“This is the most impressive gathering of stars any of us will ever see,” Steve Allen told 5,400 in New York’s Radio City Music Hall last week. “If a bomb fell on this room tonight, it would be a big break for Pia Zadora.” The audience had spent up to $1,000 for admission to the show and attendant celebrations, and they were getting all that was promised—and more—at the Night of 100 Stars. Actually, twice that number of luminaries showed up, and their scheduled three-hour TV extravaganza took six hours to tape. The occasion was a benefit for the 100-year-old Actors’ Fund of America, which assists ailing and impoverished performers. The goal: to raise enough to build a nursing home in northern New Jersey.
For the show, Princess Grace and Elizabeth Taylor talked about the history of the fund, Brooke Shields and Morgan Fairchild modeled, Christopher Cross sang two of his hits, and Paul Newman and Al Pacino merely walked across the stage. Of course, everything did not happen on cue. George Burns missed his, James Earl Jones’ TelePrompTer went blank and Orson Welles’ microphone died. But on March 8, ABC’s version will be a smooth and seamless evening of entertainment. It was 12:30 a.m. when the last curtain call was taken—”I hope you all live as long as this evening has turned out to be,” Alan King joked—and 5 a.m. when the subsequent dinner dance at the Hilton broke up. “It may seem like a night in Hollywood, but it feels like a day in the Ukraine,” quipped one hardy fan waiting outside the hotel. But the true star of the show, as PEOPLE writers Gioia Diliberto and Fred Bernstein discovered, went largely unrecognized. He was Alexander Cohen, the gaudy ringmaster of the event.
Producer Alexander Cohen’s unusually high number of Broadway flops has earned him the title “hitless wonder” in certain circles. But when it comes to producing hype, Cohen, 61, has no peers. He’s at his best masterminding television specials like the annual Tony Awards, the 1978 Emmys, A World of Love for UNICEF and, of course, Night of 100 Stars. A flashy figure in a custom-tailored suit and stretch limo, Cohen is one of the last of the big schemers. “I’ve been flat broke five or six times,” he likes to boast. “I couldn’t afford a car and chauffeur, but I still had them.”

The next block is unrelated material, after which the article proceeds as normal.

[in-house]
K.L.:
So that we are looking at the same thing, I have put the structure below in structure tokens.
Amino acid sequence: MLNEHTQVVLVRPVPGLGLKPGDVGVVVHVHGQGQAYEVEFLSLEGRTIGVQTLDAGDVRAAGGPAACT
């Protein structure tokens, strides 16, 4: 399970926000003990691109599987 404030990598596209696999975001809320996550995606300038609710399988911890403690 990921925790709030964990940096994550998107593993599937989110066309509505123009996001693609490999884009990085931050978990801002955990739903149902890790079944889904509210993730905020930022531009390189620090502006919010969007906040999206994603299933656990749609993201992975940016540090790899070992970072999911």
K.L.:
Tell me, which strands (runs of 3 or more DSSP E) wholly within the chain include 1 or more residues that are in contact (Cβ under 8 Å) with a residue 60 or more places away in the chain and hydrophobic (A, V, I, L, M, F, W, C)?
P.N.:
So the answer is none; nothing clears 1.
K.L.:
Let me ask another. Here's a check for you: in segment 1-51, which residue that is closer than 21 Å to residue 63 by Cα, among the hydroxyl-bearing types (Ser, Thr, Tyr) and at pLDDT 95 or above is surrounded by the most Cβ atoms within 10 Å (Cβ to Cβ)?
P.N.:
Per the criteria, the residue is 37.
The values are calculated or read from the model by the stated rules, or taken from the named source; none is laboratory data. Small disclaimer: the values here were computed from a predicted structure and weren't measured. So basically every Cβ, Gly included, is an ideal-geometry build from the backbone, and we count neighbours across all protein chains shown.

To underwrite the Actors’ Fund Home, Cohen needed the biggest names in the business, and to get them, he cajoled New York’s carriage-trade merchants into donating their goods and services. The swank Helmsley Palace Hotel provided 100 rooms and suites—including a triplex with six marble bathrooms, two wraparound terraces and a formal dining room for Princess Grace. Liz Taylor’s daughter Maria found Mom’s suite perfect for her pregala wedding to talent agent Steve Carson. Three airlines gave the far-flung celebs first-class tickets to New York, restaurants offered complimentary meals, and Harry Winston loaned $50 million worth of diamonds and rubies to a dozen actresses, including Ginger Rogers, Helen Hayes, Lillian Gish and Cher. To transport the stars, who performed gratis, seven limousine fleets donated cars and drivers. Exulted Cohen: “If I were paying for all this, it would cost me millions.”
It took Cohen and his staff of 28 seven months to plan the affair. He sent out 260 invitations, hoping to attract 100 stars; when 218 accepted, the producer declined to change the name of the show or be daunted by the logistics. He supplied free hairdressers, masseurs, makeup artists and a 24-hour messenger service for each celeb. “If you have forgotten anything from a toothbrush to medication, we can handle it. And what we don’t have, we can find,” read a note left in each room. Cohen also arranged an “extra-length” bed for 6’3½” Jimmy Stewart, sent one of his minions to pick up Dudley Moore’s theater tickets, and kept a Warner jet on call for any celeb who suddenly got ill or bored. In each star’s room, “placed at appropriate, discreet places,” were Rémy Martin cognac, bouquets, fruit, perfume, Godiva chocolates and record albums (Evita, 42nd Street and The Pirates of Penzance). But even Cohen knew when to quit. His wife of 26 years and co-producer, Hildy Parks, suggested adding more loot but Cohen objected. “Now, darling,” he snapped, “don’t you think this is getting vulgar?”